November 22, 2017
Wednesday, April 16, 2014

INDEC: March inflation clocks in at 2.6%

Economy Minister Axel Kicillof reveals March’s inflation index at a press conference yesterday.
Economy Minister Axel Kicillof reveals March’s inflation index at a press conference yesterday.
Economy Minister Axel Kicillof reveals March’s inflation index at a press conference yesterday.
By Fermín Koop
Herald Staff

All areas except education and garments registered a deceleration last month

Prices rose 2.6 percent in March, according to the government’s consumer price index released yesterday that showed a steeper deceleration than expected in prices across the board, with a few seasonal exceptions.

“We observed a deceleration in all areas of the general index, except in two that rose due to seasonal issues,” Economy Minister Axel Kicillof said at a press conference alongside INDEC statistics bureau Director Ana María Edwin. INDEC Technical Director Norberto Itzcovich and Trade Secretary Augusto Costa watched from the first row.

When added to an official inflation rate of 3.7 percent in January and 3.4 percent in February, the government estimates prices have risen 9.8 percent in the first three months of 2014, perilously close to the 10.4 percent estimated for the whole year in the Budget.

The government’s consumer-price index released yesterday showed a deceleration in prices across the board, although the trend of an inflationary economy remained steady as health care costs rose 1.3 percent, transport increased three percent, home supplies, 3.5 percent, food and beverages, 2.4 percent, leisure activities, 0.4 percent and housing, 1.2 percent.

The outliers in which increases were registered included education, which rose 6.2 percent and garments that increased 5.3 percent. The ministry was quick to point to seasonal reasons for the hikes, noting classes started and there was a changeover in seasons.

“The increase in these two sectors take place every year due to the season. Classes have started and that explains the increase in education, while in clothing, prices have risen because of the change of season,” Kicillof said. “We are now seeing a deceleration thanks to the price agreement programme.”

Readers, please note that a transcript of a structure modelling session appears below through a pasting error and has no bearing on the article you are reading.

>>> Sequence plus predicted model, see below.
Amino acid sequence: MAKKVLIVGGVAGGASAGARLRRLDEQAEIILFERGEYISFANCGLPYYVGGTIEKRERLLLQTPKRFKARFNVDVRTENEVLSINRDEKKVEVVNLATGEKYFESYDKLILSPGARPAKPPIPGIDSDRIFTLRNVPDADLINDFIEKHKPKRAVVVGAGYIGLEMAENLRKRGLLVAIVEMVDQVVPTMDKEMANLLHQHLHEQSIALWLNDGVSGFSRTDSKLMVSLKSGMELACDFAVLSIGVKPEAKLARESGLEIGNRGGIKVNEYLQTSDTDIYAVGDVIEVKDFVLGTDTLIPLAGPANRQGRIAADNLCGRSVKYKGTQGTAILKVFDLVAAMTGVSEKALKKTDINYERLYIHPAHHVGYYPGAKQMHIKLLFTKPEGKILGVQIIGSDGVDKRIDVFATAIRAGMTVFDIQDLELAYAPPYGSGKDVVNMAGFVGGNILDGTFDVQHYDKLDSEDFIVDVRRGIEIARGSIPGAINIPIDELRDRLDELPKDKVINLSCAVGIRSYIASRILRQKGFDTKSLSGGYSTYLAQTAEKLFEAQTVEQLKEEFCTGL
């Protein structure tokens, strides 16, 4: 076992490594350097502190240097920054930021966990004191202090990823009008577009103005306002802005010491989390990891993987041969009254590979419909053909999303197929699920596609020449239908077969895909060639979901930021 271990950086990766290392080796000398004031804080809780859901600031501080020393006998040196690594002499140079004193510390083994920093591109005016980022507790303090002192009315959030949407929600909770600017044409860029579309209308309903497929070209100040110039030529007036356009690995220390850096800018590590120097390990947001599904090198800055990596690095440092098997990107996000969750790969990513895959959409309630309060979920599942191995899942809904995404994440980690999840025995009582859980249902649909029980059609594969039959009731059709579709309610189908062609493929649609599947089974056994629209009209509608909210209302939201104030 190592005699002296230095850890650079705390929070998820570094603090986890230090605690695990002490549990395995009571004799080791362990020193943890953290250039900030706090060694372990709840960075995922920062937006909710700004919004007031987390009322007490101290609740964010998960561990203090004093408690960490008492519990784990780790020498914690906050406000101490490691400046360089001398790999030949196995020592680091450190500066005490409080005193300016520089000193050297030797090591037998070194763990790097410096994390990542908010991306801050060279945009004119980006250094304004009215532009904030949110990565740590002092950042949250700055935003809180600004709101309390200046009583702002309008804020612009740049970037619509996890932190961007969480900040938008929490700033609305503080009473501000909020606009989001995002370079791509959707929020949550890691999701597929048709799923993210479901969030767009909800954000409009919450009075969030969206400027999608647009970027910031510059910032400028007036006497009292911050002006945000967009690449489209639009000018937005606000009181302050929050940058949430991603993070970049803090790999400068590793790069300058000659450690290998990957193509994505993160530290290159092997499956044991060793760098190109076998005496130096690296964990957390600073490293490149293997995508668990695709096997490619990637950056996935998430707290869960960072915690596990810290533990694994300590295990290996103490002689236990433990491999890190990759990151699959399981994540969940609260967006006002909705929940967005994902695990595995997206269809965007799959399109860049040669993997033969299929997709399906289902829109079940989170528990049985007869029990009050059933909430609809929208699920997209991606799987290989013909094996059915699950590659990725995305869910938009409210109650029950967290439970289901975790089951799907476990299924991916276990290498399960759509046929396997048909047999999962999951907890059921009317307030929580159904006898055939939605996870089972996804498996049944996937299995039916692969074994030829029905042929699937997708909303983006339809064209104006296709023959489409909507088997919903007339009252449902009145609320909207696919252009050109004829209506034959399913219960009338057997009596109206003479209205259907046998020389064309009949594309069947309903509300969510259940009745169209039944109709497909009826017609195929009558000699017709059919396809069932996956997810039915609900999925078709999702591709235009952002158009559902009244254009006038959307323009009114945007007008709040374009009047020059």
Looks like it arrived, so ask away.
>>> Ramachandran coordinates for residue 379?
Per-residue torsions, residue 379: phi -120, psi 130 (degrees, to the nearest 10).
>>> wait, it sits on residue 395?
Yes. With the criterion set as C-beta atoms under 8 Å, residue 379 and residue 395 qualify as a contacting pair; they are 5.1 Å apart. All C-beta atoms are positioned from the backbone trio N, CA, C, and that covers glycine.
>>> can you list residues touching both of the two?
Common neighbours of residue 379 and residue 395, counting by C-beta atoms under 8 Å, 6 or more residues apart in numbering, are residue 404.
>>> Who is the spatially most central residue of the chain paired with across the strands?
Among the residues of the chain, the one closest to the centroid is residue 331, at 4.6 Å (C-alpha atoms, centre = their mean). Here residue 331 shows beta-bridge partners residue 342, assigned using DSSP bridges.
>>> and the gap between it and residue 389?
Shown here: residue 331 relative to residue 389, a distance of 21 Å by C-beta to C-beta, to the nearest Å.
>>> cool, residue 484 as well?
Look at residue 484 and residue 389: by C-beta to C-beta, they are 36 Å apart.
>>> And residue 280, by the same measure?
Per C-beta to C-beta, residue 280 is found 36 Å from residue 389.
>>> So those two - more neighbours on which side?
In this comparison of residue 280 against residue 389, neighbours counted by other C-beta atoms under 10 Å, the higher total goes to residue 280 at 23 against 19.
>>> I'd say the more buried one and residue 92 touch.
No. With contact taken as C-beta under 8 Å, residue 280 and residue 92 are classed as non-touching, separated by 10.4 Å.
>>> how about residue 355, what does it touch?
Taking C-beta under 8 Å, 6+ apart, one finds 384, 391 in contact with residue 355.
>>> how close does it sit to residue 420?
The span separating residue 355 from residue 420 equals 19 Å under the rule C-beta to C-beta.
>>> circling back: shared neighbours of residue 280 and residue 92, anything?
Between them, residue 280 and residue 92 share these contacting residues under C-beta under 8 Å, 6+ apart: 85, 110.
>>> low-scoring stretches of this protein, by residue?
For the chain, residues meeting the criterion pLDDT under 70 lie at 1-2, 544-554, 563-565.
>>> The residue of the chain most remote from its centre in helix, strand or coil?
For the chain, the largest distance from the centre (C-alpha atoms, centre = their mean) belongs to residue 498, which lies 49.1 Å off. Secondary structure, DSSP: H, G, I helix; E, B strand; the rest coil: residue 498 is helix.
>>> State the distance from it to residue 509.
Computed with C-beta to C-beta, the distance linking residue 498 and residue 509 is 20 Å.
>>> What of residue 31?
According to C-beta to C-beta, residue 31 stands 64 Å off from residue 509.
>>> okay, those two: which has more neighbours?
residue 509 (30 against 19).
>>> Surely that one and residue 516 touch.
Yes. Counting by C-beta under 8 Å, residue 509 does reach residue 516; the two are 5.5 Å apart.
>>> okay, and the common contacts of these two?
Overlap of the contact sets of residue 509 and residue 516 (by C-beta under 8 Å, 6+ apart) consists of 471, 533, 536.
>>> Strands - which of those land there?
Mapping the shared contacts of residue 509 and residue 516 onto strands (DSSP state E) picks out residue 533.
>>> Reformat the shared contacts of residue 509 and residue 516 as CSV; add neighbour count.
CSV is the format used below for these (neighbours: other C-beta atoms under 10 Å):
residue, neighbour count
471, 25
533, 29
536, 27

Monthly inflation was less than what the market expected considering that the median of nine economists surveyed by Bloomberg predicted the INDEC would report inflation at 2.9 percent. Meanwhile, economists surveyed by Reuters predicted inflation would clock in at 2.8 percent.

Kicillof did not hide his satisfaction with the deceleration in price increases, foreshadowing that he expects a similar decline in the current month since reports from the Trade Secretariat already “show that the slowdown has gathered pace in the first two weeks of April.” At the same time, Kicillof criticized inflation reports of economists and opposition members, which he defined as “not rigorous”.

The so-called Congress Inflation Index, which takes an average of the estimates issued by private consultancies, said March inflation was 3.3 percent, pushing inflation in the first quarter of the year to 12.2 percent.

“It’s obvious they are not rigorous but it’s hard to say why because nobody knows how they do their reports and how many stores they visit,” Kicillof said. “I don’t pay attention to their figures but I’m afraid that since they are mentioned by the press they could try to create even higher figures over the next few months.”

The inflation announcement was tinged with drama yesterday as the opposition figure released its monthly figure moments before Kicillof began to speak.

“The inflation reported by the government should be closer to our figures in order to be credible since in the last three months our reports have been more close to reality than theirs,” PRO legislator Federico Sturzenegger said yesterday at a press conference alongside other opposition members.

The opposition members who release the numbers monthly do not reveal which consultancies they use to come up with the figure.

A low figure to come

As March’s inflation was revealed yesterday, economists began immediately thinking about April, with experts from both sides of the aisle largely agreeing the price index will be lower this month and next. Measures taken by the government and the effects of January’s devaluation already absorved were on top of the list of reasons.

“Inflation will definitely drop over the next few months since all the factors that have led to an increase have been controlled. Inflation will not exceed 25 percent this year,” Agustín D’Atellis, economist and member of La Gran Makro, a pro-government group, told the Herald. “The government has taken some right measures such as the price agreement programme but it has to keep on working with the subsidies.” President Cristina Fernández de Kirchner’s administration has launched an effort to cut back on subsidies from public utilities.

Lorenzo Sigaut Gravina, chief economist at Ecolatina agency, told the Herald yesterday that April’s inflation will clock in at a lower number since the effects of January’s devaluation have passed, but said the figure won’t be lower than two percent.

“April is traditionally a calmer month regarding prices and inflation will be lower. The effects of the devaluation will have passed and price hikes could only be seen due to Easter holidays,” Sigaut Gravina said. “We see a deceleration of inflation, which had reached four percent monthly. Nevertheless, it will not drop below two percent.”


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